The Romans know how to live (even if, presumably, most of them can't afford to live as if they were on vacation all the time). Cappuccino for one euro ($1.25) and pastries for breakfast. A light lunch on the go (good in theory, but inconceivable when you're hot and tired and need to sit down) or a huge lunch for which you pay only about what I would pay for lunch at home (close to $10 if eating out). Then a nap. More cappuccino and/or gelato throughout the day. Then dinner as the main entertainment in the evening. You can walk all over the place, but there's excellent public transport too. I was expecting it to be good, but I had no idea it would be this good. In case that seems more a reflection on me than anything else, a well-traveled friend of ours who visits Paris often said that she intended to switch to Rome from now on.

Travel advice: Lots of websites give suggested itineraries, and these are worth looking at. But they seem to expect you to have no jet-lag, to want to spend very little time looking at each place you visit, not to think twice about paying to go into a museum that they expect you to be in for less than half an hour, and to be able to get from one place to another just like that. If anything says "Now make your way to..." look it up on the map. They might be expecting you to take a bus or even a taxi. This could get expensive, and it takes time to figure out which bus you need, where to get tickets, etc. Also, guidebooks can't always be trusted. Ours gave the wrong address for one building (it didn't matter--it was right next door--but it brought the point home) and showed a bus route that was at best out of date and at worst simply wrong. Walking lets you find things as surprises, which is always better than going to them because someone else told you you should. It also allows you to see the city more than you can from a bus. But it also gets hot and can be tiring, so buses and trams are your friends. There is something called a Roma Pass for museums. We didn't buy one, but I strongly suspect we should have. Investigate.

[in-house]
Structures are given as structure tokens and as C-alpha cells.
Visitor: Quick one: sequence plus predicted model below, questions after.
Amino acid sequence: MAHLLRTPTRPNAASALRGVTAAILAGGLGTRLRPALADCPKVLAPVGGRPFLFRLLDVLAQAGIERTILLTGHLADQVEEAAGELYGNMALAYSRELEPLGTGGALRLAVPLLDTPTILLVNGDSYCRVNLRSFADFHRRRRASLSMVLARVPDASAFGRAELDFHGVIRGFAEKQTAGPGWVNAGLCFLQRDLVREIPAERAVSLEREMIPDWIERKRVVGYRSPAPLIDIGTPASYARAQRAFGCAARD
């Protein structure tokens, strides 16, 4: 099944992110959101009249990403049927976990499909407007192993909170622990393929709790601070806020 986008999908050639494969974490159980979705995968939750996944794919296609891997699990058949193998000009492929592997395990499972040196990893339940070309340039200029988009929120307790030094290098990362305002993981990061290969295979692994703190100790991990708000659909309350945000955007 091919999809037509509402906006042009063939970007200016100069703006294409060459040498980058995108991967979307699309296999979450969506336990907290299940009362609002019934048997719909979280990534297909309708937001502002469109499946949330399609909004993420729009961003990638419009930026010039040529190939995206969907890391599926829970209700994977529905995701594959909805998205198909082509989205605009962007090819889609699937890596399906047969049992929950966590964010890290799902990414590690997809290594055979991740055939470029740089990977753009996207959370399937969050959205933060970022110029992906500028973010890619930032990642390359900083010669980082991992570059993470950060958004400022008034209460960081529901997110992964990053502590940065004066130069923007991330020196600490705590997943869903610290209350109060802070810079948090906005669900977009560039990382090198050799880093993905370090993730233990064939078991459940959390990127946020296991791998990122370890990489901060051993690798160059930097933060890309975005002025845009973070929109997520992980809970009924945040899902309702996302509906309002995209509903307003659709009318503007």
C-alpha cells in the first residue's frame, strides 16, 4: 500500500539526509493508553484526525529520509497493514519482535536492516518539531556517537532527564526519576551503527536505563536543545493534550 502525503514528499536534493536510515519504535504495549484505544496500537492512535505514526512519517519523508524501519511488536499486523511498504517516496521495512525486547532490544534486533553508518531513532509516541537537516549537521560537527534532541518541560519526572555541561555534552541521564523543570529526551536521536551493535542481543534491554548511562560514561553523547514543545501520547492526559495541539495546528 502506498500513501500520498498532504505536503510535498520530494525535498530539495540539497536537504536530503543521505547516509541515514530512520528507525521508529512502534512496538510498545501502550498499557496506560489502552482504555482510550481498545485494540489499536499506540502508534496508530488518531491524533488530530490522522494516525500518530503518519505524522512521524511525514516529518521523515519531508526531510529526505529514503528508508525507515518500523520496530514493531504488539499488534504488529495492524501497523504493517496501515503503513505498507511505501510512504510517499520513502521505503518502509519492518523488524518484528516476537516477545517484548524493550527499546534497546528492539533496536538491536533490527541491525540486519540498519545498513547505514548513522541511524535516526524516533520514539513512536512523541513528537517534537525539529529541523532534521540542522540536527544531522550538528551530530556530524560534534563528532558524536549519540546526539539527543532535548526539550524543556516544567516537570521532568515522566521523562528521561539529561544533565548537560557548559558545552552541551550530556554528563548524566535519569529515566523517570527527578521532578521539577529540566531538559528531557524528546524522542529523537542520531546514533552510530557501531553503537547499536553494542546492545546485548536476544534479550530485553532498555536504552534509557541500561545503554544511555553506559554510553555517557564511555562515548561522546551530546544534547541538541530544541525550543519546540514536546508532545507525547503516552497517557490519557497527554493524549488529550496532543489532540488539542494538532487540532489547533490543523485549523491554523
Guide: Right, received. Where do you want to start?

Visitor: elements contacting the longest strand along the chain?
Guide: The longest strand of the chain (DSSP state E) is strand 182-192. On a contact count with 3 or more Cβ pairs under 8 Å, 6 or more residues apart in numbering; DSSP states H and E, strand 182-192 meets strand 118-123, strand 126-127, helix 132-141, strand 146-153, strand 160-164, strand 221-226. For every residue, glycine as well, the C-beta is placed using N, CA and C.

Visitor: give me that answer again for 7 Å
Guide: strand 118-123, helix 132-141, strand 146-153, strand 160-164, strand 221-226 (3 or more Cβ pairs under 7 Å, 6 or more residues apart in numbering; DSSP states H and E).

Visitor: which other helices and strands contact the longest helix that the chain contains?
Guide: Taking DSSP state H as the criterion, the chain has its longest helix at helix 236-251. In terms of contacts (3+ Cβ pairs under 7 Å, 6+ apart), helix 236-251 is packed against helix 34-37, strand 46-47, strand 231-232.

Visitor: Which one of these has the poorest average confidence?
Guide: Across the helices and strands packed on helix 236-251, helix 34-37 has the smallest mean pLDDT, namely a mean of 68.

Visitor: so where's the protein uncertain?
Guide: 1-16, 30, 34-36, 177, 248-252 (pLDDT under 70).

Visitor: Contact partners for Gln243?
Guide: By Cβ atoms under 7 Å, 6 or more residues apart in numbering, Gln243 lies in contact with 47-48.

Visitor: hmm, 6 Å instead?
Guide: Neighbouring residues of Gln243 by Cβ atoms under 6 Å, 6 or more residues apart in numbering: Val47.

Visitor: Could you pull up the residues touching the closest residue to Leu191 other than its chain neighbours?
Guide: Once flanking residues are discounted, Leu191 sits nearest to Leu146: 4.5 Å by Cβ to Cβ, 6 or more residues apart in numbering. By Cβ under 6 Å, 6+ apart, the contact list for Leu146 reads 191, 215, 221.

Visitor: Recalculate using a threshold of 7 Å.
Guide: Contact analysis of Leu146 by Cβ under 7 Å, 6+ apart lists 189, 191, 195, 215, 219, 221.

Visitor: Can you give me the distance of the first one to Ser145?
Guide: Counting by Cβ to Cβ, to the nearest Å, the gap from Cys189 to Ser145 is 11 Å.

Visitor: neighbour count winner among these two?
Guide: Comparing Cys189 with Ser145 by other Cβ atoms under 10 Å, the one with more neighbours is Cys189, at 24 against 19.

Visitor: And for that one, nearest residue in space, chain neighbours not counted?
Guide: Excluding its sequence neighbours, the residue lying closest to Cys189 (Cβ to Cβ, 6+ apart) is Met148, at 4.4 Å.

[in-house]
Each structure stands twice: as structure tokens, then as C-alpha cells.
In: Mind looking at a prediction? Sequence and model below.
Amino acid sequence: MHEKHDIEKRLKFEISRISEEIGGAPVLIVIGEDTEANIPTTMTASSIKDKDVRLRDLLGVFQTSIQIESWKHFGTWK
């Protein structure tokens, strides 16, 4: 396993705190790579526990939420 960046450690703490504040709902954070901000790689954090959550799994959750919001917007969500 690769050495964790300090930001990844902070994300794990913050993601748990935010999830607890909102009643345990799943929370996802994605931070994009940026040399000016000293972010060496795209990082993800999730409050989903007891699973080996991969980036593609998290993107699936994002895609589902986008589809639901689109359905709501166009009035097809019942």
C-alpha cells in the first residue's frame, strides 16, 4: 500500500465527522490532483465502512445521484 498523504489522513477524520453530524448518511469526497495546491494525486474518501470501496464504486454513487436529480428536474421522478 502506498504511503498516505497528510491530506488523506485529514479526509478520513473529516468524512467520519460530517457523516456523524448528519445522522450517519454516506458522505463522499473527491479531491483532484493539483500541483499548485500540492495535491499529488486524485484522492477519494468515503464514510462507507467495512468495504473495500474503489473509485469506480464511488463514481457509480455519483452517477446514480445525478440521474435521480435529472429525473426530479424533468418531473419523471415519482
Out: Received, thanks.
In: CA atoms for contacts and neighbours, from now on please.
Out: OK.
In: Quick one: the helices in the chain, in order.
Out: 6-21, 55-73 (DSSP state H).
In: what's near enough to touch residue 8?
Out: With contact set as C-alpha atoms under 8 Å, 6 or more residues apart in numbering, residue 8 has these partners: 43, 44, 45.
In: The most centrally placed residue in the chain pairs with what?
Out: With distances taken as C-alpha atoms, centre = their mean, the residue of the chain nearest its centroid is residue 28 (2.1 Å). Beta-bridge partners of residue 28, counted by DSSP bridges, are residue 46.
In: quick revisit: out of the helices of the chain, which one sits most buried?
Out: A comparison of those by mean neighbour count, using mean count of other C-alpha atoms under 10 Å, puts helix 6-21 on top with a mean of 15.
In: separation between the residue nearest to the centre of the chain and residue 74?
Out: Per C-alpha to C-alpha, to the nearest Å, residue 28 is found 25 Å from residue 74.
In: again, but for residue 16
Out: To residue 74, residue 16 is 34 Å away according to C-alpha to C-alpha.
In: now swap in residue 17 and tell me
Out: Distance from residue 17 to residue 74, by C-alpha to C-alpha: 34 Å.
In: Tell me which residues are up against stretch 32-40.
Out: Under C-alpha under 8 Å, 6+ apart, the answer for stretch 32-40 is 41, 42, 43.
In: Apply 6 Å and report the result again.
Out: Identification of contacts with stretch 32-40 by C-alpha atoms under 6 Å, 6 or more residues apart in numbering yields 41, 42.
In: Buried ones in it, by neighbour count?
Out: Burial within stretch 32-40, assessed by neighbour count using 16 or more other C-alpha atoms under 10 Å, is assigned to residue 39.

Here's what I would recommend seeing, in order of priority:

1. The Forum and Colosseum, plus as much as you can manage of the Capitol (museums we didn't go into and great view of the Forum) and Palatine (we didn't go, but friends who did raved about it)
2. The National Museum of Rome (there are several branches: the one in the Palazzo Massimo is the one I mean) and Villa Borghese
3. The Pantheon and as many of the famous churches and fountains as you can manage
4. The Vatican, if you feel up to it. Try to see Castel Sant'Angelo while you're in the area, even if only from the outside
5. Ostia Antica
6. The churches of Trastevere, the Tempietto, and the Janiculum hill

OK, that's probably more than enough. Really you would need at least a month to see it all at a pace that allowed you to enjoy the experience. After Rome we visited Montepulciano, Lucca, Florence, Pisa, San Gimignano, and Siena. All very good. But not a patch on Rome. 


  1. Good to have you back blogging, and to hear you all had a good time.

    Thanks for the notes from Ostia Antica. I've never been there, nor to Villa Borghese. Both sound great. Next time I'll make sure we go. Unfortunately it won't be this summer. In three days we leave for Italy, but will stay only in the south.

    If you like 3-D-looking paintings, you should pay a visit to Chiesa di Sant'Ignazio di Loyola a Campo Marzio when you return to Rome. The ceiling fresco by Andrea Pozzo is truly amazing, featuring angles, satyres, Jesus and St. Ingnazio himself.

  2. Thanks, vh. That was one of the churches I wanted to visit but never got to. It does look like an amazing ceiling.

    I've heard that the south of Italy is very nice. I hope you have a good time there.